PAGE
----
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Apple: Why Bears Should Give In And Own This Stock

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One day after Apple (NASDAQ:AAPL) delivered yet another consensus-beating set of results, one CNBC poll caught my attention. When asked which July winner investors might want to “fade”, nearly one in four Twitter respondents suggested that Apple stock should be the one sold into strength. Mind you, skepticism towards shares of the Cupertino company is nothing new.

Despite the stock being richly valued relative to the broad market and its own history, which may explain why some may fear that the recent rally could be short-lived, I believe that many continue to underestimate the appeal of AAPL amid a deteriorating macroeconomic environment. Below, I explain why.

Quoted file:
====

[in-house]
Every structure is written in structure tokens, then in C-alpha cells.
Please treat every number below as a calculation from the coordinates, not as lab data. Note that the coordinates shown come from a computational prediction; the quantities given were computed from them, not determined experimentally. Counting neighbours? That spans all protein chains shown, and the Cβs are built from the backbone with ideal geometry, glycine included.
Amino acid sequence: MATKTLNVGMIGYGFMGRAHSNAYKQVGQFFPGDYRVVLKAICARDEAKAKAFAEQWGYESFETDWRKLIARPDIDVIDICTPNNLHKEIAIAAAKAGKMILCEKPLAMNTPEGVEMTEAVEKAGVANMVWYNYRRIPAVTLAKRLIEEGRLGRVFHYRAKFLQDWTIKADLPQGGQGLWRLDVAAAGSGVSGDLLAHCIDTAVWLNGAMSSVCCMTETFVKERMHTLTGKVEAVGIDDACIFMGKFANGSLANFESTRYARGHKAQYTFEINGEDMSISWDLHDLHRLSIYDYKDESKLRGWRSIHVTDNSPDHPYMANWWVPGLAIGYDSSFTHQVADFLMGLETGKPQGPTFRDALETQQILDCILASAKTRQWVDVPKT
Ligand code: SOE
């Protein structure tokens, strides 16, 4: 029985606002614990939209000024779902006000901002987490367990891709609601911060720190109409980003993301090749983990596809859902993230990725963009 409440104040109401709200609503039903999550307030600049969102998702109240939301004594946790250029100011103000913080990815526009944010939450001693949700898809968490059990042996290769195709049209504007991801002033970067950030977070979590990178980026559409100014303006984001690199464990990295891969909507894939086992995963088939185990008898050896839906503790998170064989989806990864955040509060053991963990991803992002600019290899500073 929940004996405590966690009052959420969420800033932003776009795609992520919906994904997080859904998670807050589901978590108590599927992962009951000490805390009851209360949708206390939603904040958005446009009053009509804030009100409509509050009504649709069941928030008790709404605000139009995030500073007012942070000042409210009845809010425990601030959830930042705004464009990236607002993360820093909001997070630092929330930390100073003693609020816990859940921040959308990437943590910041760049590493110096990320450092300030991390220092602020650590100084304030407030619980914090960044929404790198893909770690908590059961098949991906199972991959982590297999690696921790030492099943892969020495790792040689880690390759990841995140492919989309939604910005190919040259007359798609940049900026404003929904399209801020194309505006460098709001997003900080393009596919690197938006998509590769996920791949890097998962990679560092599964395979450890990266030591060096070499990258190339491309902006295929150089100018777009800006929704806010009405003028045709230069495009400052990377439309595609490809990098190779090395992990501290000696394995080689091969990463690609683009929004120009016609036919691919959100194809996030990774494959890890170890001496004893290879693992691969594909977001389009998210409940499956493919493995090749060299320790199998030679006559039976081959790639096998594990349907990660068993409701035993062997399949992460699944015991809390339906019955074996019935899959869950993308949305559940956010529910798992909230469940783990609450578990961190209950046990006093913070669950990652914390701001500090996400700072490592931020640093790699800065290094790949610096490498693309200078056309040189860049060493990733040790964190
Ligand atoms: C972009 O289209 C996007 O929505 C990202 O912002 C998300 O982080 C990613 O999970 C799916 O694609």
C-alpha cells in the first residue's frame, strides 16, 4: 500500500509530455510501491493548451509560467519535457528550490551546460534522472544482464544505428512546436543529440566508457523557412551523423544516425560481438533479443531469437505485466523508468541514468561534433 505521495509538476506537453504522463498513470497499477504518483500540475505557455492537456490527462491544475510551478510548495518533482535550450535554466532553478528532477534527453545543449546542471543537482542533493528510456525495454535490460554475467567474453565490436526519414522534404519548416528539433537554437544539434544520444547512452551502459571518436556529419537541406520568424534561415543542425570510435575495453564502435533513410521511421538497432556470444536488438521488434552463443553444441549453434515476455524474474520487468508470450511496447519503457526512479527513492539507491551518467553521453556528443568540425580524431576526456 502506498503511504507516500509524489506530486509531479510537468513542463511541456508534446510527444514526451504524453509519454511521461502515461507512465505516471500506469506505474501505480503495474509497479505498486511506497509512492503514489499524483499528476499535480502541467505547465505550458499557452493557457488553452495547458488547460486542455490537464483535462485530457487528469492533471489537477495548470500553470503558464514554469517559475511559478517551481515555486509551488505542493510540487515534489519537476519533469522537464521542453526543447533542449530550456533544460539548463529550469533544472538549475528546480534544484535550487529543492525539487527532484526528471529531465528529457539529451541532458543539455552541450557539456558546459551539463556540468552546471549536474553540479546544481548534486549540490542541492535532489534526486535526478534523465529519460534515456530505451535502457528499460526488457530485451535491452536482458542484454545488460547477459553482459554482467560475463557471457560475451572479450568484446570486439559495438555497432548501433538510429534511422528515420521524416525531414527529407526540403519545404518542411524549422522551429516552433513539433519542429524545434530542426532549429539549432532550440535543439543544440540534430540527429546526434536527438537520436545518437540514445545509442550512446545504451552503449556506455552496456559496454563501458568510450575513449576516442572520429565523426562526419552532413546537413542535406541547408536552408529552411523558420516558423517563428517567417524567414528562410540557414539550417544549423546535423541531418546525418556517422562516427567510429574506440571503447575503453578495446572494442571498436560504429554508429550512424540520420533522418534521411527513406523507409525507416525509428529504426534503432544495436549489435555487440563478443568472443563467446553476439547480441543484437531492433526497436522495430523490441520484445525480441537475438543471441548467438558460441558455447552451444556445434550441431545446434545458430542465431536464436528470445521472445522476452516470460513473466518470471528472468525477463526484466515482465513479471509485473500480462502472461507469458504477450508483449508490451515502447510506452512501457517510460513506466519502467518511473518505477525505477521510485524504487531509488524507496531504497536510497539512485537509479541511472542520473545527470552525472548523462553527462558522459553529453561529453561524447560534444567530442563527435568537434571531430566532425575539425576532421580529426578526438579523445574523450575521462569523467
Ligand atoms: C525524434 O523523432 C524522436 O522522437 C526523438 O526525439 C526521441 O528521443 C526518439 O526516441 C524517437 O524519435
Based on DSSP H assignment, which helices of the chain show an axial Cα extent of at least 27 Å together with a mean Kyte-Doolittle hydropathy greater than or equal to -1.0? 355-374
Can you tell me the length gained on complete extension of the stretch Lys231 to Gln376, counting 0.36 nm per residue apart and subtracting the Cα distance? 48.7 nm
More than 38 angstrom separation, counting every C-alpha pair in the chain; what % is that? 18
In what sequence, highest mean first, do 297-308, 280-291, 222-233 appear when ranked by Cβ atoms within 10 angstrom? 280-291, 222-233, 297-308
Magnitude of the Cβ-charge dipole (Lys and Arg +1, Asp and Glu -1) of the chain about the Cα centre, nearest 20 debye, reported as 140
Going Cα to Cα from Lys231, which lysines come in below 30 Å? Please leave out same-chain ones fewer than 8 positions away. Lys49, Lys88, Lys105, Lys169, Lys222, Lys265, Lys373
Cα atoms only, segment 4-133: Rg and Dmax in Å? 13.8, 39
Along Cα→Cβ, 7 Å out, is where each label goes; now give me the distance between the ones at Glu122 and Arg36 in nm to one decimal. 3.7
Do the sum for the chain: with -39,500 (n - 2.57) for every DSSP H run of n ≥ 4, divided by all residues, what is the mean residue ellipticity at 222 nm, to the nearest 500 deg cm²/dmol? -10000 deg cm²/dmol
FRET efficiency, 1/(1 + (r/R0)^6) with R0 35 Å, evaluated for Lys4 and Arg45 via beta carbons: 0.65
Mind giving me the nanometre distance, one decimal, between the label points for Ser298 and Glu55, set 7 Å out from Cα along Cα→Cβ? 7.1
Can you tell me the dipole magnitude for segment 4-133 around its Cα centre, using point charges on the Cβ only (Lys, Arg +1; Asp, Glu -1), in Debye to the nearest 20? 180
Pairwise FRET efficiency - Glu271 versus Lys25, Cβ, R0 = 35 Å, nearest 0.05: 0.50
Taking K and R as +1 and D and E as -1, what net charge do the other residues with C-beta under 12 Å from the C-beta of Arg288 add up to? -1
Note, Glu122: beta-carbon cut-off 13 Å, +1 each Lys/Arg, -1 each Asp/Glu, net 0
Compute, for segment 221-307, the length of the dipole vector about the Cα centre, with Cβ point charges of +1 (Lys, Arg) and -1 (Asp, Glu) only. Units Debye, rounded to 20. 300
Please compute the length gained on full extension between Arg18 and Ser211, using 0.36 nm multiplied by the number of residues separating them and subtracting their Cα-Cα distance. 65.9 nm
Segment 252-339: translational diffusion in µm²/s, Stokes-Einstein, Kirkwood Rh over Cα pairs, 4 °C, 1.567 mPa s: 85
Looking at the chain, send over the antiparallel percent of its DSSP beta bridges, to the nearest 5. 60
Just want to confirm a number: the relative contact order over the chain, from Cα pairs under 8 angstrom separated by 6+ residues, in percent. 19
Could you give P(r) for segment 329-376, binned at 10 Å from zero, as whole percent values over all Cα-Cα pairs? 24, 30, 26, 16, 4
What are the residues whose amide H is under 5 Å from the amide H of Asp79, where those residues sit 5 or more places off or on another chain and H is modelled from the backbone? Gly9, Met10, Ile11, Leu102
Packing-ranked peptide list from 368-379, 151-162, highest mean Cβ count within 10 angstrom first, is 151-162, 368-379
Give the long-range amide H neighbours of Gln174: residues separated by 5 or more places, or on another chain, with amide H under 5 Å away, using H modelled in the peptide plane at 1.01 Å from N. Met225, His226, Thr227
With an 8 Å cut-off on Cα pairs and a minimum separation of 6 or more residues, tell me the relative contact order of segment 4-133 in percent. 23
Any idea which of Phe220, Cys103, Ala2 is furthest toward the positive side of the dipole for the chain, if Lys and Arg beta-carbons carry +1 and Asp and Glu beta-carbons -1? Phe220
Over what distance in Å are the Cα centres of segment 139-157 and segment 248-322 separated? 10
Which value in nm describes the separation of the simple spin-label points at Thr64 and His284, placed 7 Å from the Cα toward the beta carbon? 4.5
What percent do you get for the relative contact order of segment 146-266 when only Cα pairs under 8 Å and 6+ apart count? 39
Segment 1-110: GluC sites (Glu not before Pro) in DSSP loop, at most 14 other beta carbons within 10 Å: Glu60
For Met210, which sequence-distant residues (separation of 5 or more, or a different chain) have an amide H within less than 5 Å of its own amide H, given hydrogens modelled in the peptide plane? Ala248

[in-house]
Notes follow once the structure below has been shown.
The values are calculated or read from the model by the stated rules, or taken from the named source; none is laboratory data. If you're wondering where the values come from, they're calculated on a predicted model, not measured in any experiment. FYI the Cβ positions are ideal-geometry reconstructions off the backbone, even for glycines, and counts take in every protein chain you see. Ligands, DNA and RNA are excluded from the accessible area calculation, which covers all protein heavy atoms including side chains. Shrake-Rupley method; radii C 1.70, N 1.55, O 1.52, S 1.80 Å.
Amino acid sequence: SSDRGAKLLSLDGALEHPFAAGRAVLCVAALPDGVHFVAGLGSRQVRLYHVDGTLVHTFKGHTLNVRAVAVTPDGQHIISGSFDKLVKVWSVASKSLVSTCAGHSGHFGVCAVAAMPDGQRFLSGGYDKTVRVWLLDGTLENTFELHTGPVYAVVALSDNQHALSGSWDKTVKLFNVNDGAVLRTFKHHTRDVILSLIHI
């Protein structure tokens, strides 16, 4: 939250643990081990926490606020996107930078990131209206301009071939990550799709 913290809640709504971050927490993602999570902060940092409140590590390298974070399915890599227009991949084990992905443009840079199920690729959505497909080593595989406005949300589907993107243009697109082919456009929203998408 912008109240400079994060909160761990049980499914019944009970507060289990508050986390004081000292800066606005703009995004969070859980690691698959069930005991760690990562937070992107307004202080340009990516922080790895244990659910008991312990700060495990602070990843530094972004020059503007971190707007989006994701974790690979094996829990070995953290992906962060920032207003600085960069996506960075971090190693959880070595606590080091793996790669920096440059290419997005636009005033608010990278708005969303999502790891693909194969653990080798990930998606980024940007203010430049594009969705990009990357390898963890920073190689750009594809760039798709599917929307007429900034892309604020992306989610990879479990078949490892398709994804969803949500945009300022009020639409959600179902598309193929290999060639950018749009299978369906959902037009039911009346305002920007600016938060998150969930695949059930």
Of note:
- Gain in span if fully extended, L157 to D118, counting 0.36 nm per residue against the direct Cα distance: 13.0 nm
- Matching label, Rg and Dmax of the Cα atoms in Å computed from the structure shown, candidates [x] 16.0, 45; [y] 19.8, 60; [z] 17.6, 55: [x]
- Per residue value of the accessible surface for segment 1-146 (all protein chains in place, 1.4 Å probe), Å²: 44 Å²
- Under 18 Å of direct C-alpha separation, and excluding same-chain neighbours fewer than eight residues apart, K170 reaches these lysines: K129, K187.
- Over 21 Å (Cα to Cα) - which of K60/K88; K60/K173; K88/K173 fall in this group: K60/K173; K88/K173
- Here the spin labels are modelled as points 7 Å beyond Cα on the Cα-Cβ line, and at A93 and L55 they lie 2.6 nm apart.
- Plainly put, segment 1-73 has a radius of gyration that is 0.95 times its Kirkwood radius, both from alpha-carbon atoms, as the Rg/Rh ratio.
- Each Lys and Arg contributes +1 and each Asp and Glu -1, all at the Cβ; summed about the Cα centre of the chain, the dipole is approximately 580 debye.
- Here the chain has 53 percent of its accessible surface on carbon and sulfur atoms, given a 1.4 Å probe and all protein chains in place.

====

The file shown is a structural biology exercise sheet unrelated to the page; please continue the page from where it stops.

Apple’s earnings beats are not a coincidence

According to Seeking Alpha, Apple has met or topped EPS consensus in each of the past 20 quarters, if not longer. The average beat has been 15 cents per quarter since the start of the COVID-19 crisis, compared to only 3 cents per quarter in the previous ten periods.

To be clear, part of the reason why Apple has managed to impress Wall Street as much as it has lately is the lack of full guidance, coupled with high levels of uncertainty that probably caused analysts to be overly conservative at projecting financial results. Still, I think it would be a mistake to discount Apple’s pristine execution during this very challenging COVID-19 period.